Universal Health Services Ransomware Crisis — Communications for an Industry Threat

As more healthcare providers see ransomware attacks crisis preparedness is put to the test

Universal Health Services (UHS) is one of the United States’ largest health care providers, with 26 acute care hospitals, 328 behavioral health facilities, and 42 outpatient facilities.  so when media reports of a ransomware attack impacting its facilities began to appear, saying impacted audiences were concerned would be an understatement.

One of the first questions we often get in situations like this is, “Do we even have to say anything?”. And, without much ado, the answer is, “Yes”. Aside from any legal and ethical obligations, it’s the crisis management move that eliminates the most potential for damage. The story’s already in the news, and you have a widespread organization with thousands of employees, all of whom are allegedly impacted. The audiences that matter to you are going to hear the bad news anyways, and it’s better they hear it from you, in full, without any rumor, misinformation, or games of telephone muddying the waters. By moving quickly to become the source of information for key stakeholders, you prevent a long list of troubles that develop when people get their news from outside sources.

UHS got a statement out, they got it out fast, and they made it easy to find. Big plus. They also clearly point out who to contact for more information, something many miss when they’re rushing to get a message together. The statement shares the facts as they were known at the time, and it addresses the number one concern of their most important audience (see if you can spot it). Before we go any further, let’s take a look:

Crisis communications statement from Universal Health Services PR department

 

If you noticed the firm landing on the message that patient care is being delivered safely and effectively then congratulations, you spotted the #1 key message. That’s the most important thing for UHS audiences to hear in just about any sticky scenario, and you better believe it’ll be all over their crisis management playbook. You may also notice there’s no mention of malware in this first message, and before you cry foul play remember – as a communicator you have a duty to share facts, not assumptions. When you’re already taking unavoidable damage there’s no reason to crack your own credibility by labeling specifics too soon and needing to walk it back. Let people know you’re on top of the issue and lay out your most critical key messages, then assess before communicating more.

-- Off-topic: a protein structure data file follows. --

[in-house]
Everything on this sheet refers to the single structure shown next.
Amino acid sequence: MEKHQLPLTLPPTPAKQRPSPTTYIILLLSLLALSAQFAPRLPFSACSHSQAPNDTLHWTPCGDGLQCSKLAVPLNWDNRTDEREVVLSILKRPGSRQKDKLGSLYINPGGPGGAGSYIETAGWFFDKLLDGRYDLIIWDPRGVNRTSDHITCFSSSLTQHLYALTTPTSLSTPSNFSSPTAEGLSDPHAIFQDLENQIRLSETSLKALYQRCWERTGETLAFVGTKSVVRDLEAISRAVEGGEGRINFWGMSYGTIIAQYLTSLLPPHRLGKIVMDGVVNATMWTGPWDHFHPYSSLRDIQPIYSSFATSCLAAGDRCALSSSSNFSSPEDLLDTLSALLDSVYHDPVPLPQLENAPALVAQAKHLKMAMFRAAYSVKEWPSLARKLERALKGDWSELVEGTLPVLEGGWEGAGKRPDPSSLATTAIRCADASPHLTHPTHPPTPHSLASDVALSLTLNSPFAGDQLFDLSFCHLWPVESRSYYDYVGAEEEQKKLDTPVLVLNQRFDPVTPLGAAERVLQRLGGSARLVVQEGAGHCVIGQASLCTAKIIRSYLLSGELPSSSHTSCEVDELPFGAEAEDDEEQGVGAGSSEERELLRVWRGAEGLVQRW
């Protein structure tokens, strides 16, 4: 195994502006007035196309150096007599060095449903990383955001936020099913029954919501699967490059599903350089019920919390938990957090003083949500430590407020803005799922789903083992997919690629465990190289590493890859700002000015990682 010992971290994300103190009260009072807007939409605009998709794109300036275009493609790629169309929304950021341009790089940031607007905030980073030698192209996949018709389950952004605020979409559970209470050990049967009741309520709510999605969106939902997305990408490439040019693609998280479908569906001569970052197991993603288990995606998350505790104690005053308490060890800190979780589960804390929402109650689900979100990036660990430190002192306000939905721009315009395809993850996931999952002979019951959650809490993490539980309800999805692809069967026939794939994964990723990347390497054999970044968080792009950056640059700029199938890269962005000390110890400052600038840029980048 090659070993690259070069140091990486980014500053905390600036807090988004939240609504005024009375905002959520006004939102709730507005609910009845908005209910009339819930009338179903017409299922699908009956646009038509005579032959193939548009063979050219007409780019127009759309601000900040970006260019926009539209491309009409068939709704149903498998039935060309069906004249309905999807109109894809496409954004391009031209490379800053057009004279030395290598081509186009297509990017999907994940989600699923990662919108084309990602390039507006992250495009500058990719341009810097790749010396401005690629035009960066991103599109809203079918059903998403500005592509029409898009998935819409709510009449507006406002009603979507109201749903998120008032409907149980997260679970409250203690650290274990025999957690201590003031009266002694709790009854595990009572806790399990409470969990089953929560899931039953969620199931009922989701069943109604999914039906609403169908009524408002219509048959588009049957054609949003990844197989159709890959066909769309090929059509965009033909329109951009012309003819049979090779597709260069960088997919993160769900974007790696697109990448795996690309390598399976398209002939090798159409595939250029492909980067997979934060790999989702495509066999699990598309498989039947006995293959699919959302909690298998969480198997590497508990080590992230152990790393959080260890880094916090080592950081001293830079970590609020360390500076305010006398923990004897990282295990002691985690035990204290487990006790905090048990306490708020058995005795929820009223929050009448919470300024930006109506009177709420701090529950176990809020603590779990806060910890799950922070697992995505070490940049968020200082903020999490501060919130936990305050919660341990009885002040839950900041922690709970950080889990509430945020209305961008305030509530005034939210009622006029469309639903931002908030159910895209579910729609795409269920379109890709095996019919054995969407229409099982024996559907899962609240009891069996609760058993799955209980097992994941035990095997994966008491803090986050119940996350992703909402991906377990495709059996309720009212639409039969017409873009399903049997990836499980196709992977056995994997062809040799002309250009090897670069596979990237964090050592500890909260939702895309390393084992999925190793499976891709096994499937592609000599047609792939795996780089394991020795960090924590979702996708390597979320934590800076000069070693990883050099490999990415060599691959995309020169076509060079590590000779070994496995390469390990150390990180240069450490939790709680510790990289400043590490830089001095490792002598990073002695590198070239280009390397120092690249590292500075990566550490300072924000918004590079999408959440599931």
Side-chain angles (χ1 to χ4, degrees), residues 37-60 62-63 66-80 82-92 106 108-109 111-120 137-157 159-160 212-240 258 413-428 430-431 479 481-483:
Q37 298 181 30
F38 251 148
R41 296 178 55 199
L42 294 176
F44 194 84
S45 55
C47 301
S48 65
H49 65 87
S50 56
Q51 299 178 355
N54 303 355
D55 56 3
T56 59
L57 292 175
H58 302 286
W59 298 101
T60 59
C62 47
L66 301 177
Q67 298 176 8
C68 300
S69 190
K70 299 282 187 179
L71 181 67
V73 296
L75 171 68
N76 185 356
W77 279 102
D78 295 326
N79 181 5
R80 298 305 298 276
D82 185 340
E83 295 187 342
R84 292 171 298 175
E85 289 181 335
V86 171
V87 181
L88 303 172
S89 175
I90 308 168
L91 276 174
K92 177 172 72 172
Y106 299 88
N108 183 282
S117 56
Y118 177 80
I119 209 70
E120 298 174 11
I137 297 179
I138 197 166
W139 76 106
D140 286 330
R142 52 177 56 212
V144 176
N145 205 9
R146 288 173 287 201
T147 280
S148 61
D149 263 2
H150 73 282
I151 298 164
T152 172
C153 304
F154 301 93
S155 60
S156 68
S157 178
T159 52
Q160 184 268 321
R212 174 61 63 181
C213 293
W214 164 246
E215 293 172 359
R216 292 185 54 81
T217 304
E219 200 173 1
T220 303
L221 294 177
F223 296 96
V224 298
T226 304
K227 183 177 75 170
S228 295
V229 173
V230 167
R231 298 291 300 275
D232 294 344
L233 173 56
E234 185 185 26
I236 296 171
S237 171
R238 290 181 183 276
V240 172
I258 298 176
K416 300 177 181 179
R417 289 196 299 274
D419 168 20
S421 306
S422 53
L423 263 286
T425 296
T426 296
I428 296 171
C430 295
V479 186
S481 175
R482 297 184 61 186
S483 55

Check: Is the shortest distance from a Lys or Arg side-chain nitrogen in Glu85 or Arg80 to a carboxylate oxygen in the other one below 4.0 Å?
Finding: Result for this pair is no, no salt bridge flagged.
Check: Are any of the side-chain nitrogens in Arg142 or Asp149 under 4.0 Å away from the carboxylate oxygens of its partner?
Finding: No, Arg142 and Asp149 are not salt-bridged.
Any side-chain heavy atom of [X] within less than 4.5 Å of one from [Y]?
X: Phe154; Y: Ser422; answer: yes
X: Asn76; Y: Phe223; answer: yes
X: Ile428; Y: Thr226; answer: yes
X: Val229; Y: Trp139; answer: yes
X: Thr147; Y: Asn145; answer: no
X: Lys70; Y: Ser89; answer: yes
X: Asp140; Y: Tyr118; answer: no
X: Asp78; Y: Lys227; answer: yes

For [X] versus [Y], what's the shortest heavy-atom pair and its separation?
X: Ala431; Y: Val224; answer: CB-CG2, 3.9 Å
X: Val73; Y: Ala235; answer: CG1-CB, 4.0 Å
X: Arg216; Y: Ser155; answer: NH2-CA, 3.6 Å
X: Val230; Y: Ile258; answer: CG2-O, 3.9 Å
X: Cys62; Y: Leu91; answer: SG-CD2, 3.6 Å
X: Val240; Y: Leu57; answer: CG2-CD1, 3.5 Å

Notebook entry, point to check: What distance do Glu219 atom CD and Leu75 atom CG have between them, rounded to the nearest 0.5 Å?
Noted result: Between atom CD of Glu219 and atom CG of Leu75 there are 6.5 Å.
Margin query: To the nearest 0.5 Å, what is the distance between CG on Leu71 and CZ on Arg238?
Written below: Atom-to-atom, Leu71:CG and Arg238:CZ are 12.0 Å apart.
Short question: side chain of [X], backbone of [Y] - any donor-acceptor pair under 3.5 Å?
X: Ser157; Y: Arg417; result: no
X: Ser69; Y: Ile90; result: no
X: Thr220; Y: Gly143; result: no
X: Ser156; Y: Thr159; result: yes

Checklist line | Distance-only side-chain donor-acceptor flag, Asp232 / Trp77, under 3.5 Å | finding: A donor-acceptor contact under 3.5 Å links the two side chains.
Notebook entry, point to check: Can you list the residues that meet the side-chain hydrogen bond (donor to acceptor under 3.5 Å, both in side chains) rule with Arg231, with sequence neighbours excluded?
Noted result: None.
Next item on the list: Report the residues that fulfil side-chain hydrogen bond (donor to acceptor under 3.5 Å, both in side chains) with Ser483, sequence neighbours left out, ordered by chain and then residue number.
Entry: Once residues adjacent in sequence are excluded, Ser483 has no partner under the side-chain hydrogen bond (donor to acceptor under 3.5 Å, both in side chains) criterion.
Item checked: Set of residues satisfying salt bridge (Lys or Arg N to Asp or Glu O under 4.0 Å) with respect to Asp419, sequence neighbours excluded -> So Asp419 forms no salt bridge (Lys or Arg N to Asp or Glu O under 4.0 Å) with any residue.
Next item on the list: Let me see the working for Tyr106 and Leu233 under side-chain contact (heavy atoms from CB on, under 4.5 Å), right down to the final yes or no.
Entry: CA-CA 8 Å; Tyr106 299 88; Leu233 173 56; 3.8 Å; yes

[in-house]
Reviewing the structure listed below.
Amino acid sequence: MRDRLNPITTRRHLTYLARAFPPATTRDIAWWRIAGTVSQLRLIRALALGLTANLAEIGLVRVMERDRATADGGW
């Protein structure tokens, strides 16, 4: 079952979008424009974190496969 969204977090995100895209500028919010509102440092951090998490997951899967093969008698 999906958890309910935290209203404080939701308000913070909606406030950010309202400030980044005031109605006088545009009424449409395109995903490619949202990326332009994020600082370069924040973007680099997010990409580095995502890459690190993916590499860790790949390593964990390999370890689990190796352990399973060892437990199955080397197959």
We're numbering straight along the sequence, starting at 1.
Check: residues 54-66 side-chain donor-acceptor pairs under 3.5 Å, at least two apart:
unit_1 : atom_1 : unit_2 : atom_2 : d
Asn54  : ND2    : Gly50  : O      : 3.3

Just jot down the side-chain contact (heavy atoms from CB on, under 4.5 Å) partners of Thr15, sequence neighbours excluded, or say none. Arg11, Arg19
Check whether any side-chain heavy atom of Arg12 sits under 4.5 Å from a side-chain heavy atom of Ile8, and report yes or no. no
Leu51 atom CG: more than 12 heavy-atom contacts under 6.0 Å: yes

Speaking of communicating more, UHS shared another update the next day after what was undoubtedly a rush to gather information from various experts and put together as full a picture as possible about the situation:

As you can see, the core of the message remains the same, and that’s a good thing. The goal of any crisis communication is to have important audiences walk away remembering your key messages. By repeating the most important items, in this case that safety is being maintained and the situation is being addressed, you increase the odds that will be accomplished. Providing a timeline is good when you can too, though in this case it appears they did have to settle for “as soon as possible”. Not ideal, but superior to telling people service will be restored at a specific time and missing a self-imposed deadline.

The one ingredient I would add here is a dash of empathy for how stakeholders are feeling. In crisis situations many prefer to stay strictly factual, but it’s been my experience that in most cases acknowledging up front you “get it”, that you know why a your audience is feeling the way they are about a situation, you help them become significantly more receptive to the messaging that follows after. Overall this was a strong response to a tough spot, and one that UHS is still navigating at the time of writing. You can certainly expect more crisis management work in this situation before it’s resolved.

With industry experts sounding the call regarding the threat ransomware and other malware poses to healthcare IT systems and, more importantly, to patients at facilities around the world, now is the time to prepare. Just as a holistic approach to health with a focus on prevention is most effective at keeping the human body in good shape, engaging in proactive crisis management measures that consider both operational and communications concerns will help keep your organization running strong, even through the inevitable times of trouble.

Erik Bernstein
erik@bernsteincrisismanagement.com